So yeah, it seems that if any game looks or even plays like another game that has come before it, the likely chances of lawsuits would scare most creative people off from trying to develop a game, and that is a bad thing for the gaming industry that really needs some confidence in their tallent to produce something good.

Posted:2 years ago

#11

Curt Sampson
Sofware Developer

596 360 0.6
Tony: indeed. Atari clearly felt that ten or fifteen years of profit was enough to make creating Battlezone worthwhile, since that's all they took out of it. Refusing to let the public enjoy it again by both not making it available themselves and not letting others make it available is just a disservice to society.

I think a fifteen year copyright on video games would be plenty. Nobody really expects to make money from a video game for much longer than that, so offering a 125 year copyright as incentive to create games is just a waste, and generally ends up with both society and the industry (which has problems re-using good things from previous games) the poorer.

Posted:2 years ago

#12
Personally I see Vector Tanks as a re-imagining of Battlezone. It is clearly influenced by, but it isn't actually using Atari IP. Nothing is the same as Battlezone, everything is different and reworked.

Using the same criteria for removal pretty much every Breakout type game could be removed, most Marble rolling games, and so on...

This is not a positive step, it isn't protecting Atari's IP - it is just a spot of Legal strong arming that could have profoundly negative effects for a lot of App developers.

Posted:2 years ago

#13

Brian Smith
Artist

195 84 0.4
Yes copyright should be protected and no one should be able to open up copycat Starbucks but it should be narrow-banded enough that it doesn't mean Starbucks is the only coffee house around. Vague copyright pursuits should be spat back in the face of the holder, at their cost. Only real breaches of rights should be given credence.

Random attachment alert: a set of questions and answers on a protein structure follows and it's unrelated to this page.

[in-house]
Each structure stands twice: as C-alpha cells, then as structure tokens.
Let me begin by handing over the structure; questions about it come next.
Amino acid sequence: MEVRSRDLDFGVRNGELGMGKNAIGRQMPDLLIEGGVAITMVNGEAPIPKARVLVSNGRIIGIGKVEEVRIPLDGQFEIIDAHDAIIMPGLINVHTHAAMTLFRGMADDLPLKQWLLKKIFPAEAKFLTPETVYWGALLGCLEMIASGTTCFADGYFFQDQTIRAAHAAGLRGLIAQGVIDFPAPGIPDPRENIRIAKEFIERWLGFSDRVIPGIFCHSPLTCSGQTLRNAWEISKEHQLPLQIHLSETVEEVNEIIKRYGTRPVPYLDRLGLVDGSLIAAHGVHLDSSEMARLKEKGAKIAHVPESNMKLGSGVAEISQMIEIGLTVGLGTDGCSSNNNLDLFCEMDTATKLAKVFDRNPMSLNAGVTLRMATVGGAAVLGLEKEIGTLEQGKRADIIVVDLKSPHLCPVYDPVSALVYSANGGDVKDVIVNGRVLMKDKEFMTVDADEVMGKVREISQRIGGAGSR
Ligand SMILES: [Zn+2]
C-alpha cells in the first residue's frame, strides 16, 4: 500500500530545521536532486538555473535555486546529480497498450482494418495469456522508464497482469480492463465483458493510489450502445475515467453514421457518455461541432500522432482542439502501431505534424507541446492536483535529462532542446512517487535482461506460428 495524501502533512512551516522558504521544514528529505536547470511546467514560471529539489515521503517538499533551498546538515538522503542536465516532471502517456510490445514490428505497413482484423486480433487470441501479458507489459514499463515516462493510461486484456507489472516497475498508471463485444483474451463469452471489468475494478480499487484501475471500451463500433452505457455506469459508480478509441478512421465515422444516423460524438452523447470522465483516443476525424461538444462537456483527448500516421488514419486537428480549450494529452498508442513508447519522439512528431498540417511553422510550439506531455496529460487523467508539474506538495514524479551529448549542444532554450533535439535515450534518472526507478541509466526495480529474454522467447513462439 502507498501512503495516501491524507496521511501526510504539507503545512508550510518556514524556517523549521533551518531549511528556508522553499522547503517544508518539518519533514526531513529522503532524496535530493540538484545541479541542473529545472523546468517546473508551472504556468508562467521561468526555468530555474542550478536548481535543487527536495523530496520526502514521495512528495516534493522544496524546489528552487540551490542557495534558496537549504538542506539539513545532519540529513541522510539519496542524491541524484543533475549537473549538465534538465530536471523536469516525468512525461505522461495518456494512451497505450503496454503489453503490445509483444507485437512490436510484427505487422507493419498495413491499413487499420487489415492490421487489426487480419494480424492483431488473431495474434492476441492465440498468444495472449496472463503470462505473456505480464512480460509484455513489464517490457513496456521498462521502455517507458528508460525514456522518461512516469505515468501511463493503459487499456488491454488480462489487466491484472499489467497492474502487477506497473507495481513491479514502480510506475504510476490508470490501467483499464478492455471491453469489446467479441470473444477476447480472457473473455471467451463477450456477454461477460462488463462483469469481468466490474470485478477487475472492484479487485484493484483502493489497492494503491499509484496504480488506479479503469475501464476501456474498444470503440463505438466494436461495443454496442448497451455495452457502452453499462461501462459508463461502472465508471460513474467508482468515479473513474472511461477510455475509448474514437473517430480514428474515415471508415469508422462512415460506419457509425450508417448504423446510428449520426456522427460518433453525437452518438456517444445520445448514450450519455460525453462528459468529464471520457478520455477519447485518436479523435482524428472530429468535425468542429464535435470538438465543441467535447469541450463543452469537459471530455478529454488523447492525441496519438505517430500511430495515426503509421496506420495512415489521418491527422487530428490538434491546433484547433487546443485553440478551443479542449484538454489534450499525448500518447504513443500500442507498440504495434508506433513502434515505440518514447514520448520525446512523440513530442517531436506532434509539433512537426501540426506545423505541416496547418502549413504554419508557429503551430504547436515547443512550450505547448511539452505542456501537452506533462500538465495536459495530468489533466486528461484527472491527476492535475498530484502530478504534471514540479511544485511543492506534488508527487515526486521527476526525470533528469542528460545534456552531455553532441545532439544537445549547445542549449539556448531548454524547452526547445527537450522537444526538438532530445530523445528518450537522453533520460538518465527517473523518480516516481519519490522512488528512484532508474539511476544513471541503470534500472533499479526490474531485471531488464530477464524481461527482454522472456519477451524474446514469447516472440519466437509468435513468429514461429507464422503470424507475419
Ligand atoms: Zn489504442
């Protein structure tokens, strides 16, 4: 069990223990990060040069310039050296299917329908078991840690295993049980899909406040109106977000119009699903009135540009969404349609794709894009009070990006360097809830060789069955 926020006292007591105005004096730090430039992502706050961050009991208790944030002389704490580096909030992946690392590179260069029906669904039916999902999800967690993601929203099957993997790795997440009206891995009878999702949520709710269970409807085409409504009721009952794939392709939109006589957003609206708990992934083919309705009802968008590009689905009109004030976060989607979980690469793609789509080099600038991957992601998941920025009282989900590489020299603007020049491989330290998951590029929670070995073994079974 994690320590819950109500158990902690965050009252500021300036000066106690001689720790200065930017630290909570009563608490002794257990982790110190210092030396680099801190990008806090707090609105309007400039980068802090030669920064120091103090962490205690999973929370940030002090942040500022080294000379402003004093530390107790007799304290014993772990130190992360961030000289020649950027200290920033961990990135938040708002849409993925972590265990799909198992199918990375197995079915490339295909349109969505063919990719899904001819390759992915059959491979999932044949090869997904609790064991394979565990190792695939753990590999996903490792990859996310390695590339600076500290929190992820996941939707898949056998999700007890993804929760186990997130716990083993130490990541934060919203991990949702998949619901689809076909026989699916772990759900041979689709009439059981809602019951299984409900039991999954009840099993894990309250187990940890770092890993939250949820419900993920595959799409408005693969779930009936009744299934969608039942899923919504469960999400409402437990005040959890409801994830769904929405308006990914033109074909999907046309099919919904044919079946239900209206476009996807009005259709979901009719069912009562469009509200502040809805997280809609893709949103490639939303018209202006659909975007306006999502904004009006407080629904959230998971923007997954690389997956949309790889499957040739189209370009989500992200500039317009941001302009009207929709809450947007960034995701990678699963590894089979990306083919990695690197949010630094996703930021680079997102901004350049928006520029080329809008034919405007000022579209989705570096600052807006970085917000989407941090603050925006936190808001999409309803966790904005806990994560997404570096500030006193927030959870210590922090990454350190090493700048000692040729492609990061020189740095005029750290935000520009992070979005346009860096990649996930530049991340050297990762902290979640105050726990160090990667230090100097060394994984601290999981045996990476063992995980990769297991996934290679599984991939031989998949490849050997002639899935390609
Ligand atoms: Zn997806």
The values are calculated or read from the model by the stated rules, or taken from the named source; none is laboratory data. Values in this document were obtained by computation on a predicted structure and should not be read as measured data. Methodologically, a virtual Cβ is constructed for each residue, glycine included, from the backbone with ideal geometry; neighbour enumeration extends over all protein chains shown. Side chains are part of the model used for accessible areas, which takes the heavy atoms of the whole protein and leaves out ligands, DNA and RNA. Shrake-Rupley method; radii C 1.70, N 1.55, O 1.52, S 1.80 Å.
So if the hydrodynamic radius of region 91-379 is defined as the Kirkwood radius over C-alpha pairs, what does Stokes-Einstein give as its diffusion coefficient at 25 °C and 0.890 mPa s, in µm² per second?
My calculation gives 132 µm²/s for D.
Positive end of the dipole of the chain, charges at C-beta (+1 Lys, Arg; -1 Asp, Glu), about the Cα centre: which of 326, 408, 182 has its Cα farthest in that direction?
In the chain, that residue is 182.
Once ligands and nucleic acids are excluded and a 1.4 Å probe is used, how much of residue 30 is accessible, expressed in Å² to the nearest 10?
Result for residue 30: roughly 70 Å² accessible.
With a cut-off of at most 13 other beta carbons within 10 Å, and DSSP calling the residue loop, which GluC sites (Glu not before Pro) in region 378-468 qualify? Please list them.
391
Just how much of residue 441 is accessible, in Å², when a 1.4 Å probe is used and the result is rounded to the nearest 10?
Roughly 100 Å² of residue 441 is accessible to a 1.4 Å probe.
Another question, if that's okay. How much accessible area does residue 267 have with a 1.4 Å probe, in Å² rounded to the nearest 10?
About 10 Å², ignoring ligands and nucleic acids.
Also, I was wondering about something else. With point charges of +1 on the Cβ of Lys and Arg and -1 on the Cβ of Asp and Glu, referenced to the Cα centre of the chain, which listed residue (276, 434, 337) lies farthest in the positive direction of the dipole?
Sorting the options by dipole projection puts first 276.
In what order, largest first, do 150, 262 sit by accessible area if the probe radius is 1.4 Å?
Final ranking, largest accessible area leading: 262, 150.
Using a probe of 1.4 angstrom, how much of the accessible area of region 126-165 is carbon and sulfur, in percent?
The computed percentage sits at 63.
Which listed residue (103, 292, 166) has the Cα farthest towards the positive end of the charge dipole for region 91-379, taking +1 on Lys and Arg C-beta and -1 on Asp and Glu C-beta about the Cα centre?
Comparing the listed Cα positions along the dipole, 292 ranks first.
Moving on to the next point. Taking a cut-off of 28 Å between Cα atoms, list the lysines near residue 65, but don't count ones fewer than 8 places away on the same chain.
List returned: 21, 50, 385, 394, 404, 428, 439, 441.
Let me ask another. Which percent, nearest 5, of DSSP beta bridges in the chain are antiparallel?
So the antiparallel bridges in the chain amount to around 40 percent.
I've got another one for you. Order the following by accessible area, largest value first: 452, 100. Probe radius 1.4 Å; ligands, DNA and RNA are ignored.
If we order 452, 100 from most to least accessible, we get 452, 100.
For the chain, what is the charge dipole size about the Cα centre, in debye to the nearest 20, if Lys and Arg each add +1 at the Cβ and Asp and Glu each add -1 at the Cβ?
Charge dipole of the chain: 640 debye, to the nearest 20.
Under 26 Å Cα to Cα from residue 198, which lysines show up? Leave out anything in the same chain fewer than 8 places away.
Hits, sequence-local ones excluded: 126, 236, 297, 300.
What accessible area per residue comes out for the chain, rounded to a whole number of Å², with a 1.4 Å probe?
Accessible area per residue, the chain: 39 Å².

Vector tanks appears to be a direct cloning of Battlezone so I guess they should have seen it coming. It can't be said to have a passing resemblance to Battlezone, it is Battlezone. In cases like this it's unfortunately obvious what the end result would be. I'm sure it's a lot more vague with many of their cease and desist orders though. It's these less solid claims that should make the news, not Vector tanks where it clearly is infringing Atari's IP.

Posted:2 years ago

#14

Klaus Preisinger
Freelance Writing

1,096 1,056 1.0
To be fair, you can play some of those classic games on Atari's website, so there is direct competition.

But if you look at Atari as a whole, then frivolous lawsuits based on trademarks from a glorious past is all they have left. As a developer of new games Atari is creatively bankrupt.

Posted:2 years ago

#15

James Berg
Games User Researcher

158 206 1.3
Folks, look at the videos John Bye posted - it's a very clear rip-off. I'm not a big fan of Atari, but they're pretty clearly the injured party here. I'm all for 'spiritual successors', but it's not cool just redoing someone else's game on modern systems.

Posted:2 years ago

#16

Jeremy Glazman
Programmer

29 4 0.1
@Tony "In all honesty, this copyright IP protection BS is just destroying the creative part of the industry. " -- what is creative about cloning a classic arcade game?

@Curt "Refusing to let the public enjoy it again by both not making it available themselves and not letting others make it available is just a disservice to society. " -- Battlezone has been available on iPhone for a long time on Atari's Greatest Hits app.

Posted:2 years ago

#17